Seven tips for stunning winter landscape photography

21 October 2015

Find out how to photograph beautiful winter landscapes with these expert tips from Landscape Photographer of the Year founder Charlie Waite.



Pay attention to the seasons

Keep your eyes open throughout the year for the locations that will work only in winter. Many views, partially obscured by leafy trees, come into their own at this time of year.

Increase exposure

The large areas of white and reflective nature of snow scenes can cause the light meter in your camera to under-expose and your image to be too dark.

Although this will seem counter-intuitive, you may have to increase exposure by up to two stops to match the whiteness that you see with your eyes. When everyone used film, this error was hard to correct once made, but one of the advantages of digital cameras is that it is possible to adjust the exposure when the image has been downloaded to your computer.

However, I still feel that there is a sense of pride in getting it right in camera.

Look for details

The neutral colours of winter can lend themselves to graphic shapes and simple compositions. It is not always about the big picture.

If the sky has very little definition, look around for smaller details - ice patterns and formations, and consider extreme close-ups with a macro lens. Sheep wool on barbed wire, water flowing over pebbles - nature always provides a canvas for us to work with.

Show the weather

Britain is famous for its variable weather, but it can be one of the hardest things to show in a 2D photograph. Catching the movement of trees in the wind or falling flakes of snow enhances the mood of a photograph. To convey the magic of falling snow, find a location that offers a darkish background; it makes the snowflakes look more pronounced. And experiment with shutter speeds.

Contrast is key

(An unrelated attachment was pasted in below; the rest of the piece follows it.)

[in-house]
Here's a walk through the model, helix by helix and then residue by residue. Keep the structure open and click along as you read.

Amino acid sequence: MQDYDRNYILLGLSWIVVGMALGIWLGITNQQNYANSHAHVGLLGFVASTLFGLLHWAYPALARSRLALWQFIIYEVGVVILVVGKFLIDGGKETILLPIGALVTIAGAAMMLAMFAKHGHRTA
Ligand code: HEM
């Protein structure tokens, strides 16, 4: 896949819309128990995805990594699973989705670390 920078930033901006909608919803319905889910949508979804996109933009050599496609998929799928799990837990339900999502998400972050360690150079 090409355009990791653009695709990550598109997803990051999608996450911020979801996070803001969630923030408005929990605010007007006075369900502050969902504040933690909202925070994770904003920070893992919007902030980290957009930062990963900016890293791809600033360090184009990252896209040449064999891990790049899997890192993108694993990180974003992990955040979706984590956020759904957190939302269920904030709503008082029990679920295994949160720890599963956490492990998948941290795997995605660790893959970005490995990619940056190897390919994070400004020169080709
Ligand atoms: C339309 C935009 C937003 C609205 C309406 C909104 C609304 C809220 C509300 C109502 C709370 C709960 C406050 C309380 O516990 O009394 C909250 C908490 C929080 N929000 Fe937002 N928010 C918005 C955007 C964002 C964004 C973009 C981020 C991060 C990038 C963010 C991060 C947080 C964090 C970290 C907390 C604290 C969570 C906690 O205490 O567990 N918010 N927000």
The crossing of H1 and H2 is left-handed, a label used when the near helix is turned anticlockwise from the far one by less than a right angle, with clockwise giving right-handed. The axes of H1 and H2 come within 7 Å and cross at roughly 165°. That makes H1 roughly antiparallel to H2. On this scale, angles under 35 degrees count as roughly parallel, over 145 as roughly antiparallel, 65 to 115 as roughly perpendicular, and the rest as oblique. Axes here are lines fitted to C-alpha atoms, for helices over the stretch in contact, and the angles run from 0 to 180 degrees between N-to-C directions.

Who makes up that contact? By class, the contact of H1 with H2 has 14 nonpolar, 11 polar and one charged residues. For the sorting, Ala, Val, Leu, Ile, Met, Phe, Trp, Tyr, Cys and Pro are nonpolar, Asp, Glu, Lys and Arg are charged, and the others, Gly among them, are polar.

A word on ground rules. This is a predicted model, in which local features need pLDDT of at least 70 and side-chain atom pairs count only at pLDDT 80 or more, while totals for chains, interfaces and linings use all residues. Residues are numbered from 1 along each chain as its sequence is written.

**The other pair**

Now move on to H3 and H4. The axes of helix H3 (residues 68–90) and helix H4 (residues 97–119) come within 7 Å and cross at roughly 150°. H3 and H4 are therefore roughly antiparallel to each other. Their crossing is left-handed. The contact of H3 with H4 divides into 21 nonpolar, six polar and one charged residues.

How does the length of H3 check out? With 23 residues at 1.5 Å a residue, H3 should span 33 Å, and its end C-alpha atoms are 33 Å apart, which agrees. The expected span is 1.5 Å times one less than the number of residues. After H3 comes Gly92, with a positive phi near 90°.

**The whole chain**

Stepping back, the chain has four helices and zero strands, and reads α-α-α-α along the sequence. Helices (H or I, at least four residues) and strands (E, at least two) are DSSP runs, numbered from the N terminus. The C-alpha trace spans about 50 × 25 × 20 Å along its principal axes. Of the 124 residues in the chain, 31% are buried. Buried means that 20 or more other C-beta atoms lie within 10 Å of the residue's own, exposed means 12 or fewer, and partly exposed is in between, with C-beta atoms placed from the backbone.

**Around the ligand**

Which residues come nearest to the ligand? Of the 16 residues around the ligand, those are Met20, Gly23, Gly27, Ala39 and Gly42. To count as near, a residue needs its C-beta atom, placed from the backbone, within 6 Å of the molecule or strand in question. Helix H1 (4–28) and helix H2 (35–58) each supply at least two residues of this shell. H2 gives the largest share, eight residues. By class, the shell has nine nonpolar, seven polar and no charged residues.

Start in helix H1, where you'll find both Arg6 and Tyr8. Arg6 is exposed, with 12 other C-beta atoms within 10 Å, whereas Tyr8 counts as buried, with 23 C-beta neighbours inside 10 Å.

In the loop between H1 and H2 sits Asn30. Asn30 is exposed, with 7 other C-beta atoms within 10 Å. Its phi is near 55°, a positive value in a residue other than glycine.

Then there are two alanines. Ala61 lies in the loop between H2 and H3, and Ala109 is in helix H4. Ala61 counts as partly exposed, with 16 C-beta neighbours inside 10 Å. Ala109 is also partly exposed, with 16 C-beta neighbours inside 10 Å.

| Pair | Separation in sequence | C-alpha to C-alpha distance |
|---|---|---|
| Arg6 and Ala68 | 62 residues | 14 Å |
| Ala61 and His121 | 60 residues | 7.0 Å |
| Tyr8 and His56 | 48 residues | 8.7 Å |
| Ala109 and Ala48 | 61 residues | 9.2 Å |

Contrasting colours can make a good image. Look for juxtapositions of warm and cool colours; the clear blue of a winter's day against the orange leaves of late autumn or a single leaf against the neutral white of pristine snow.

Convey emotions

To me, a successful photograph should evoke some of the emotions that the photographer felt at the time of creation in those viewing the finished result. It can be helpful to think what emotions you are trying to convey with a specific image (eg cold, calm, bleak, cosy, solitude etc) and ask those viewing your picture for their opinions and see if you get match.

Be patient

It may seem like common sense, but photography can be a waiting game, which in winter can result in frozen fingers and being caught out by early dusk.

Even if you are planning a short trip, you may just be enticed to linger by changing light. Make sure that someone knows where you are going and that you have plenty of warm clothes, a torch and a Thermos of hot tea to hand.

See a selection of the Landscape Photographer of the Year 2015 pictures.

The opinions expressed are those of the author and are not held by Saga unless specifically stated.

The material is for general information only and does not constitute investment, tax, legal, medical or other form of advice. You should not rely on this information to make (or refrain from making) any decisions. Always obtain independent, professional advice for your own particular situation.